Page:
Results: responders were 8 out of 14. Two patients dropped out for transient tinnitus worsening. Active rTMS induced an overall significant, but transient, improvement (35% of the basal score) of subjective tinnitus perception, that was independent either by tinnitus laterality or by mood or anxiety changes. No correlations were found between response to rTMS and tinnitus duration, initial subjective score or patients‘ age. When asked after the study was over, 71.4% of patients failed to identify the temporal se- quence of the real or sham rTMS interventions. Conclusions: beneficial effects of rTMS on tinnitus are independent by mood changes. Moreover, they appear in the context of an original placebo stimulation designed to more closely replicate somatic sensation of active stimulation. Due to the limited temporal duration of the clinical benefit, these neuro- modulatory effects could be mediated by transient functional changes taking place in the neural circuits underlying tinnitus processing.
Effect of vagal nerve stimulation on a rat tinnitus model. (Abstract of ARO Meeting Denver, Colorado) Joseph Ursick1, Dianne Durham1, Hinrich Staecker1, Phillippe Lefebvre2, Jean Schoenen3, Martin Scholsem4, Thomas Imig5 1Department of Otolaryngology Head and Neck Surgery, Kansas University Medical Center, 2Department of Otolaryngology, University of Liege, Belgium, 3Department of Neurology, University of Liege, Belgium, 4Department of Neurosurgery, University of Liege, Belgium, 5Department of Molecular and Integrative Physiology, Kansas University Medical Center
Vagal nerve stimulation (VNS) has been used to treat a variety of disorders including epilepsy and de- pression. Recently, VNS has been shown to decrease neuronal spontaneous activity (SA) associated with chronic facial pain in a rat model. Several animal models suggest that tinnitus may be associated with changes in SA in the dorsal cochlear nucleus (DCN), inferior colliculus, and auditory cortex. Using a rat model of noise-induced tinnitus (Durham and Imig, JCN 490:391-413, 2005), we examined the effects of VNS on 2-deoxyglucose (2DG) uptake in the DCN of three groups of Long Evans rats. Rats were anesthetized and exposed to 15-20 kHz band pass noise at 115 dB SPL for one hour. Five days later, the VNS group (n=4) was implanted with a vagal nerve stimulator (Cyberonics, Inc.). On day 6, the stimulators were activated and on day 7, 2DG was injected. A non-VNS group (n=8) received acoustic trauma and 2DG injection after 7 days, but no VNS stimulation. A control group (n=9) recei- ved neither noise exposure nor VNS. Animals were placed in a quiet sound attenuated chamber for 45 minutes during 2DG uptake. Rats were sacrificed and brainstem sections were prepared for 2DG film autoradiography. Optical density (OD) measurements were used to determine 2DG uptake in the high frequency (HF) and low frequency (LF) regions of the DCN. These OD values were used to calculate a symmetry ratio (ipsi HF/LF)/(contra HF/LF). In the control group, the symmetry ratio was near one. Noise exposure decreases 2DG uptake in the high frequency region of the ipsilateral DCN. Thus, both noise trauma groups showed a decreased symmetry ratio. However, the VNS group had a symmetry ratio that was intermediate to those in control and non-VNS groups. VNS stimulation may reduce the alteration of SA caused by noise trauma and thus warrants further study as a potential tinnitus therapy (Supported by the Tinnitus Research Consortium and the Dept. of Otolaryngology Head and Neck Surgery, KUMC).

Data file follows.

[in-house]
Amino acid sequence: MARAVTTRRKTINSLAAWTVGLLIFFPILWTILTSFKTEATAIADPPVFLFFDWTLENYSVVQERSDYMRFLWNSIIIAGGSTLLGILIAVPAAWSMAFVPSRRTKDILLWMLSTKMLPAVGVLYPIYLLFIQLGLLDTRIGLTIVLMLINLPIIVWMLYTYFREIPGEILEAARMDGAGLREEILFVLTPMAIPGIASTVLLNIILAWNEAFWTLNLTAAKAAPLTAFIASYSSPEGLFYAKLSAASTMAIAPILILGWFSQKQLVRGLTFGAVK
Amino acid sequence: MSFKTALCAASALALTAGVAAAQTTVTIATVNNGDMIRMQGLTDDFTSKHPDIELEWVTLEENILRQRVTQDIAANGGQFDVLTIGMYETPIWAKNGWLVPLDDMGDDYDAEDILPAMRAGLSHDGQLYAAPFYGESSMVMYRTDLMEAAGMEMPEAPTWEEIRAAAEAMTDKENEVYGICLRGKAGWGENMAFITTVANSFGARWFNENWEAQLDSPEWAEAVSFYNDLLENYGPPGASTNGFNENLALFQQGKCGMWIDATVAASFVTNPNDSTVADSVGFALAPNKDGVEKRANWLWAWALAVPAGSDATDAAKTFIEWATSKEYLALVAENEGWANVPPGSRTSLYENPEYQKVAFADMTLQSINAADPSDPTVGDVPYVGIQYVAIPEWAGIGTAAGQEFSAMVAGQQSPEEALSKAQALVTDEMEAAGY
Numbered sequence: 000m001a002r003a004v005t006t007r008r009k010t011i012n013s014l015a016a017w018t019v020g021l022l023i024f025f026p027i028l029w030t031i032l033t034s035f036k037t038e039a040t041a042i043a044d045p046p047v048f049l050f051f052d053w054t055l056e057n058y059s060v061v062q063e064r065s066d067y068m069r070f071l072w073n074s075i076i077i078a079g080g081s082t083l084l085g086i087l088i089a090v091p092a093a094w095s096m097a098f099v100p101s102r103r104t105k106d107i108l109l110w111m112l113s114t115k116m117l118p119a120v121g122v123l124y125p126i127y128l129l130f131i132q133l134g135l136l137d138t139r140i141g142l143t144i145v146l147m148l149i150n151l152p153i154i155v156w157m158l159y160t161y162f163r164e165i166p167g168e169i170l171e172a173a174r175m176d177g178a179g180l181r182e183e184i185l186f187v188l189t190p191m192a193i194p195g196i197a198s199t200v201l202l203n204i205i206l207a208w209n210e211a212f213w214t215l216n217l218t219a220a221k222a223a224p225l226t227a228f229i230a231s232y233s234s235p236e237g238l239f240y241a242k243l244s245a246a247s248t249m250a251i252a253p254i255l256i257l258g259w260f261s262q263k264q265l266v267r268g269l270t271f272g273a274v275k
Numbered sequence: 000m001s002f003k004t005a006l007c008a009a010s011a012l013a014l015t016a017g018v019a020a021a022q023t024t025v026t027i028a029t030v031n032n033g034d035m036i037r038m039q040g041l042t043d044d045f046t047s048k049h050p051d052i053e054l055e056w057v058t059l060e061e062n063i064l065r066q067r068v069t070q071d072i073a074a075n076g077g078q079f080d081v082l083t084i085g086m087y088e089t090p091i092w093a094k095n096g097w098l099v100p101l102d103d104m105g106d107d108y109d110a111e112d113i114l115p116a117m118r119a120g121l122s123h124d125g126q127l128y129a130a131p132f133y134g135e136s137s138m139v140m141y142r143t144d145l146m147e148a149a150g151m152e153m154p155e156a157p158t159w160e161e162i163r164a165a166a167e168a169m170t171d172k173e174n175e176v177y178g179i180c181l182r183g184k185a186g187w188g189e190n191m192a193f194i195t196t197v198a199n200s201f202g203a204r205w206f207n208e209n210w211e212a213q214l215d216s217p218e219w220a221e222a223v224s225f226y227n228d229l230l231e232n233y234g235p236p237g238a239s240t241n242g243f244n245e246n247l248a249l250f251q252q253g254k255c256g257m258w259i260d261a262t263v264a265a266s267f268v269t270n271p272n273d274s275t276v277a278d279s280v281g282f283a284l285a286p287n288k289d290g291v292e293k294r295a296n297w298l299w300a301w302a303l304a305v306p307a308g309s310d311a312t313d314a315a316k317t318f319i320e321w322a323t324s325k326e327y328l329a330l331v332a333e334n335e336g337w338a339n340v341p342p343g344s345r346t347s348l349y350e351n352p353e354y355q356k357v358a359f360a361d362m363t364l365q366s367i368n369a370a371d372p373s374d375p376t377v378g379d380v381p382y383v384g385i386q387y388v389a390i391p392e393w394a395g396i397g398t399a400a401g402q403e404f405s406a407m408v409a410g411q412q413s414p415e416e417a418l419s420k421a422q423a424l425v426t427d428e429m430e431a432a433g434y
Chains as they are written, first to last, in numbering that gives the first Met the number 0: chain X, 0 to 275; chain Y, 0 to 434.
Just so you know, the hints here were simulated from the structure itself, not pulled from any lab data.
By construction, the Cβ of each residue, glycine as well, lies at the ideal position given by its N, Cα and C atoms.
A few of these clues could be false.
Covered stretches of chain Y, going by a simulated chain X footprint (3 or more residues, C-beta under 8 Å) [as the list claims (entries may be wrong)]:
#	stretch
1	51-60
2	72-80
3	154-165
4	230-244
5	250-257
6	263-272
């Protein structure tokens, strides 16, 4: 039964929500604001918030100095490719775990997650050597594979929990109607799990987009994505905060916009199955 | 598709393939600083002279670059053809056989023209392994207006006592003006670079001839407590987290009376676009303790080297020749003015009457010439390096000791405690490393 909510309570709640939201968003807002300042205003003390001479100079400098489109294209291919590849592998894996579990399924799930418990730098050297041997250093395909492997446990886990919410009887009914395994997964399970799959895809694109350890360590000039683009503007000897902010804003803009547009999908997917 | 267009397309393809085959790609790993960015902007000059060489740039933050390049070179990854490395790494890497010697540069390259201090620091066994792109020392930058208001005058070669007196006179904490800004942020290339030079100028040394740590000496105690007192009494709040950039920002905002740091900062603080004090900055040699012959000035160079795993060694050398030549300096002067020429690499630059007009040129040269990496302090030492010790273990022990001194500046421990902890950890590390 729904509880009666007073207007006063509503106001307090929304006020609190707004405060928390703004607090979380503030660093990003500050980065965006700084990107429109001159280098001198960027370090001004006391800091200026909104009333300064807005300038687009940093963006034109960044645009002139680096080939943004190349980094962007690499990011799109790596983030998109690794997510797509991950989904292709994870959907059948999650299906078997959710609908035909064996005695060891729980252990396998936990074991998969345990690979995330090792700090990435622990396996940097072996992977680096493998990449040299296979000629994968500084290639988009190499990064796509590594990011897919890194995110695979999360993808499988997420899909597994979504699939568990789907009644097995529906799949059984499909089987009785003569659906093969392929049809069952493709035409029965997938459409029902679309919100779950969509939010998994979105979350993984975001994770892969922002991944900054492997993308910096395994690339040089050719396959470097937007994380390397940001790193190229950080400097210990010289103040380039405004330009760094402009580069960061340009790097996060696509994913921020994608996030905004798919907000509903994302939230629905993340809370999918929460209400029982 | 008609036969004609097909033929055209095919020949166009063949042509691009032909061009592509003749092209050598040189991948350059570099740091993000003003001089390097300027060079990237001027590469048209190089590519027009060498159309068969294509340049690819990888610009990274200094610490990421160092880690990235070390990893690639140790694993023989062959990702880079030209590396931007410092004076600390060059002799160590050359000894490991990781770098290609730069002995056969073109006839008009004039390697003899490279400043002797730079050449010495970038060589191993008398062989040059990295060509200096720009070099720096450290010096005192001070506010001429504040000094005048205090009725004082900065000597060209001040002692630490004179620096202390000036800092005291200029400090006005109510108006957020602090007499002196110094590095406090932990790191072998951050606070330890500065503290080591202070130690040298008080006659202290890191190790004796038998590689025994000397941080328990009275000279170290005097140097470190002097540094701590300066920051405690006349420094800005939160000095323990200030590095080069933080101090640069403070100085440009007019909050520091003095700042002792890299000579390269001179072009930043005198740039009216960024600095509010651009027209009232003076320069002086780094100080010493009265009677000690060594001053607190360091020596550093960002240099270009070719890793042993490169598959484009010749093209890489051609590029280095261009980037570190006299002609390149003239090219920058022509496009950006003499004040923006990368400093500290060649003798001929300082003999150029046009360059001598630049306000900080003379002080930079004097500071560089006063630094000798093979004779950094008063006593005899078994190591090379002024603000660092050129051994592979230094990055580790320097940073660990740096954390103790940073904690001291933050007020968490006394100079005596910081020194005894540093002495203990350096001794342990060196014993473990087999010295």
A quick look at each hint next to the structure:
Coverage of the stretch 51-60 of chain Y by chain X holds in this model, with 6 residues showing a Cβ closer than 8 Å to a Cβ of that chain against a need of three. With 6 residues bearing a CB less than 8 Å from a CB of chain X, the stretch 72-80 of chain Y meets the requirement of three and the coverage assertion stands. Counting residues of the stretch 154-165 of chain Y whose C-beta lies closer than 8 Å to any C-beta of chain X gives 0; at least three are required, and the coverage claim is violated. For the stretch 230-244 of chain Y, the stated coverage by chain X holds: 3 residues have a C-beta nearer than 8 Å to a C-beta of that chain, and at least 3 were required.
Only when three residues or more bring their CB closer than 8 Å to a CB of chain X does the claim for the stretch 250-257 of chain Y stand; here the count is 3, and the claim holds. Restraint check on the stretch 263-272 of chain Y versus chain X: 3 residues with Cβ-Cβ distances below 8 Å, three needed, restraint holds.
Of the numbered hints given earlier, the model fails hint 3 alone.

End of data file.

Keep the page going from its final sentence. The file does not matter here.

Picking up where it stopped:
Long-Term Evaluation of Treatment of Chronic, Therapeutically Refractory Tinnitus
by Neurostimulation. Stereotact Funct Neurosurg. 2007 Jan 26;85(4):150-157. Bartels H, Staal MJ, Holm AF, Mooij JJ, Albers FW Department of Otorhinolaryngology, University Medical Center Groningen, Groningen, The Netherlands
Objective: Long-term evaluation of treatment of chronic, therapeutically refractory tinnitus by means of
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